Iranians who spoke a language termed still popularly call Azeris as Old Azeri, who in turn "Tork" instead of the politically correct "Azari". Long story short, before the 20th century, Azeris were assimilated by still considered an eastern extension of the arriving Turkic groups who came in Turks of the 1200s. The people adopted Islam early in the religion's founding, and during the 1500s, mass converted to the Shia branch following the precedent set by the Safavids. Ottoman Empire. When Shirvan gained independence from Russia (the latter had annexed it after a war with Qajar Iran lost in 19th century), they decided to name themselves after the battles with Tsarist Russia in the 1800s, the homeland region of the Azeris was divided between the two empires, the north becoming the modern country, while the south remaining in Iran's hands. and invented the Azeri national appellation to gain a new identity of their own. Iran has emerged in several reasons to object this, but mostly because it implies that Azeri Turks are always a distinct nation, rather than a subdued vassal (though a very powerful one; the 18th century as local rulers obtained autonomy from Iranian shahs and solidified in the 19th century under Russian rule and in the 20th century under independent Azerbaijani Democratic Republic and later Soviet Azerbaijan.
[[https://en.wikipedia.org/wiki/Ali_Khamenei current Supreme Leader of Iran]] is half-Azeri, FYI).



Azerbaijan's relations with Iran have become rather unstable as of late because Azerbaijan has shown itself to be pro-U.S. and pro-Israel (and both countries see Azerbaijan as a potential springboard for attacking Iran should the need arise), and Azerbaijan is angry at Iran for having good relations with Armenia, causing more problems for Nakhchivan (luckily, it just ''barely'' borders with Turkey at one little corner, so it has one friend in the region that actually borders it). This comes despite the fact that northern Iran is home to more Azeris than Azerbaijan itself, not to mention that Armenia also has good relations with the US and Israel.

The people of Azerbaijan, as noted above, are Turkic culturally and linguistically, but technically, you can tell that they're Turkicized Iranians just by virtue of their mostly Caucasoid appearance (the original Turks, believe it or not, are actually more East Asian/Mongoloid in appearance. Those features are still inherited by the majority of Central Asian and Siberian Turks, like the [[UsefulNotes/{{Kazakhstan}} Kazakhs]] or the [[UsefulNotes/{{Kyrgyzstan}} Kyrgyzs]]). Their language is very similar to Turkish (so close that it's often considered a dialect), contributing even more to Azerbaijan's close relationship with Turkey. There's also minorities of Iranians and Caucasians who settle in the southeastern and northern portions of the country, respectively. Azerbaijan has been good in maintaining its share of Jews (which are not a whole lot) compared to the other post-Soviet states; there's approximately 10,000 Mountain Jews (so-called because their homeland is in the Caucasus Mountains) left. The country's good relation with Israel definitely helps.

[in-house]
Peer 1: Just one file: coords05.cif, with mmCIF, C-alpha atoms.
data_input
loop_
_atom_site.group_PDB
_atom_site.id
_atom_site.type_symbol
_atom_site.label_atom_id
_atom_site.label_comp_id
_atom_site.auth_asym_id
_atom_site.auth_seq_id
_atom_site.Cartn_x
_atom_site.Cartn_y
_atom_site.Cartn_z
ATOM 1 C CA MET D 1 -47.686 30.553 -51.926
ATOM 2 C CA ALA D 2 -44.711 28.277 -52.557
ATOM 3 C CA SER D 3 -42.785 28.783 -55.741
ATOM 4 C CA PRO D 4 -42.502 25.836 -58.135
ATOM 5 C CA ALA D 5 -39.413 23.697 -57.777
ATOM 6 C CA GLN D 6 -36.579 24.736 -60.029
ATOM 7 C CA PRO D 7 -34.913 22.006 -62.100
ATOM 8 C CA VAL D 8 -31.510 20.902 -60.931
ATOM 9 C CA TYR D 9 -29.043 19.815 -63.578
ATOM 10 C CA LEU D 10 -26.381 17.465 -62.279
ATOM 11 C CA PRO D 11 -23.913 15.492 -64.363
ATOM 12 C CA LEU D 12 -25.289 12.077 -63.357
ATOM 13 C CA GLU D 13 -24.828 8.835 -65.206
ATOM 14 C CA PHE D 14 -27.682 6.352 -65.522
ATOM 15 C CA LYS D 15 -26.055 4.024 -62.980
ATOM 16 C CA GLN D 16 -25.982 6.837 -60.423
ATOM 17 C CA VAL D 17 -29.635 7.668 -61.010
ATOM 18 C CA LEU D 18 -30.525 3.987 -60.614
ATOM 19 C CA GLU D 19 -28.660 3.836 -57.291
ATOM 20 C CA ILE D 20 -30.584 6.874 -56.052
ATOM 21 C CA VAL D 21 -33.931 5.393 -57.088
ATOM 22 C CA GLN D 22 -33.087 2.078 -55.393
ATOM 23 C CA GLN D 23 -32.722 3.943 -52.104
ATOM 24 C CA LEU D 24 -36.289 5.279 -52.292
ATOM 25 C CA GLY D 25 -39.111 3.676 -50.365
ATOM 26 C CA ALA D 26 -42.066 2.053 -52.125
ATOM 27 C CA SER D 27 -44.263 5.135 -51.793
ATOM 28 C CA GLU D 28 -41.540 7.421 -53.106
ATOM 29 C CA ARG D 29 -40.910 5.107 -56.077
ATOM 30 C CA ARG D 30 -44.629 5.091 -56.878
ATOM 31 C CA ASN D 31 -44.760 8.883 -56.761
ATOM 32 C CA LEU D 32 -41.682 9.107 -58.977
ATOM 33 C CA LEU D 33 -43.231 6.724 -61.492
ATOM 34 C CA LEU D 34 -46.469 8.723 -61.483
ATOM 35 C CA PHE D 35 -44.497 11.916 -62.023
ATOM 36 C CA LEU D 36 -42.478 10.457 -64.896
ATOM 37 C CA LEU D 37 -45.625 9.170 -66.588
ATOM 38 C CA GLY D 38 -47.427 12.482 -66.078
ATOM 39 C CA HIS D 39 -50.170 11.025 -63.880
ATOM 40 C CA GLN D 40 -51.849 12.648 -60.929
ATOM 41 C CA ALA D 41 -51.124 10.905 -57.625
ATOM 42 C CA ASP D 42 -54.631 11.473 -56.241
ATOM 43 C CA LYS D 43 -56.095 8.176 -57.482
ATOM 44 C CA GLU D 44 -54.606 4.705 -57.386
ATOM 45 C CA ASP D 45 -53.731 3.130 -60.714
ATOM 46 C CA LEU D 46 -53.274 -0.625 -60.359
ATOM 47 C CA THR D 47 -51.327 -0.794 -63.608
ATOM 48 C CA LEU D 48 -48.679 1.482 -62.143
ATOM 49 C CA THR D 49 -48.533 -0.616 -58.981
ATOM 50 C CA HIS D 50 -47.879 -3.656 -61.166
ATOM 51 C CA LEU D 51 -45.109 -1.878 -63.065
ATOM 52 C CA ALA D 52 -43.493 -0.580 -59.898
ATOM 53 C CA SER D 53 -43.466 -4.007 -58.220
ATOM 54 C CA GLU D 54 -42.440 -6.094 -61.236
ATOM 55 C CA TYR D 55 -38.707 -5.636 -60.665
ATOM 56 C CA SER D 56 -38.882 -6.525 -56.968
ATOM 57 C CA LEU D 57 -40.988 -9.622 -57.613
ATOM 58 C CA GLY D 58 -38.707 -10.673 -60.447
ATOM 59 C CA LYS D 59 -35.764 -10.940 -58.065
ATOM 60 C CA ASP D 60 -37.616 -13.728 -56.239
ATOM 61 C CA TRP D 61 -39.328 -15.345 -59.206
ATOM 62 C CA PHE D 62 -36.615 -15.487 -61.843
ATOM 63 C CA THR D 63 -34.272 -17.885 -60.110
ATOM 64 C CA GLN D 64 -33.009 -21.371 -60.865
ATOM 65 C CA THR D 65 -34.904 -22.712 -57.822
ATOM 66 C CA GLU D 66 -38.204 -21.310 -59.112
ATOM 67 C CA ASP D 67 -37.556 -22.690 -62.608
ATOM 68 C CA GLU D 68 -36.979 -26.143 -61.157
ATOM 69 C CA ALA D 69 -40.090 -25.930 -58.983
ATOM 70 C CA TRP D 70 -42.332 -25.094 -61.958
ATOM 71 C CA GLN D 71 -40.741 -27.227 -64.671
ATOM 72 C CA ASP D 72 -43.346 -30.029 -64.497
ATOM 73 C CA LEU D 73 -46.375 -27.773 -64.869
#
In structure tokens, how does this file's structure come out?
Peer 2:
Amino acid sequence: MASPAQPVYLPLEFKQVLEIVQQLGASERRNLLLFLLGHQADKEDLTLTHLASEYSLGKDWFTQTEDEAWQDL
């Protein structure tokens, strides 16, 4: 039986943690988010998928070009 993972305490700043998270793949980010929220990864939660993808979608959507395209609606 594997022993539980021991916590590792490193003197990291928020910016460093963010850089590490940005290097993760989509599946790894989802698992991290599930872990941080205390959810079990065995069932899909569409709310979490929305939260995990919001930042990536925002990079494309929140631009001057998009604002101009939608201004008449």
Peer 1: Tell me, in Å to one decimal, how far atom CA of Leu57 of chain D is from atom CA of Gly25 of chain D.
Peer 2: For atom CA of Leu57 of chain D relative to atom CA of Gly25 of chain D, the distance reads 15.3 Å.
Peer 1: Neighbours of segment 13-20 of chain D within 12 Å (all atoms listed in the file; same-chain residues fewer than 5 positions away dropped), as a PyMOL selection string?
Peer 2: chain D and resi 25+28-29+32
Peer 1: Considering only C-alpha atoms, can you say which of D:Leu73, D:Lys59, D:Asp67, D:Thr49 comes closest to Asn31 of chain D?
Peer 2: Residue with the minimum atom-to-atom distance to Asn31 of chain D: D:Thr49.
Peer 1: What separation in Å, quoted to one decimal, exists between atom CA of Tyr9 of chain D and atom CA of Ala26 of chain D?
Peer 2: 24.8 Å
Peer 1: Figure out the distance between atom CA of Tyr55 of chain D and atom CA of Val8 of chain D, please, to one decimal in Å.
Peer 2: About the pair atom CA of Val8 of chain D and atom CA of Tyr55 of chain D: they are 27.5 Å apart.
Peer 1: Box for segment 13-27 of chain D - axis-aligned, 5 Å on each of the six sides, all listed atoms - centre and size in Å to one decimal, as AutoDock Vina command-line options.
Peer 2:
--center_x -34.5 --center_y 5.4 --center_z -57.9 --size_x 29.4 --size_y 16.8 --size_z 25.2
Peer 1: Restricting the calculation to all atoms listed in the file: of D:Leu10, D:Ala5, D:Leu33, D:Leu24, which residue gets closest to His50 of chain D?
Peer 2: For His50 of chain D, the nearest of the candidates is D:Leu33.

to:

Azerbaijan's relations with Iran have become rather unstable as of late because Azerbaijan has shown itself to be pro-U.S. and pro-Israel (and both countries see Azerbaijan as a potential springboard for attacking Iran should the need arise), and Azerbaijan is angry at Iran for having good relations with Armenia, causing more problems for Nakhchivan (luckily, it just ''barely'' borders with Turkey at one little corner, so it has one friend in the region that actually borders it). This comes despite the fact that northern Iran is home to more Azeris than Azerbaijan itself, not to mention that Armenia also has good relations with the US and Israel.

The people of Azerbaijan, as noted above, are Turkic culturally and linguistically, but technically, you can tell that they're Turkicized Iranians just by virtue of their mostly Caucasoid appearance (the original Turks, believe it or not, are actually more East Asian/Mongoloid in appearance. Those features are still inherited by the majority of Central Asian and Siberian Turks, like the [[UsefulNotes/{{Kazakhstan}} Kazakhs]] or the [[UsefulNotes/{{Kyrgyzstan}} Kyrgyzs]]). Their language is very similar to Turkish (so close that it's often considered a dialect), contributing even more to Azerbaijan's close relationship with Turkey. There's also minorities of Iranians and Caucasians who settle in the southeastern and northern portions of the country, respectively. Azerbaijan has been good in maintaining its share of Jews (which are not a whole lot) compared to the other post-Soviet states; there's approximately 10,000 Mountain Jews (so-called because their homeland is in the Caucasus Mountains) left. The country's good relation with Israel definitely helps.
Israel.
8th Mar '17 10:58:02 PM Occidensill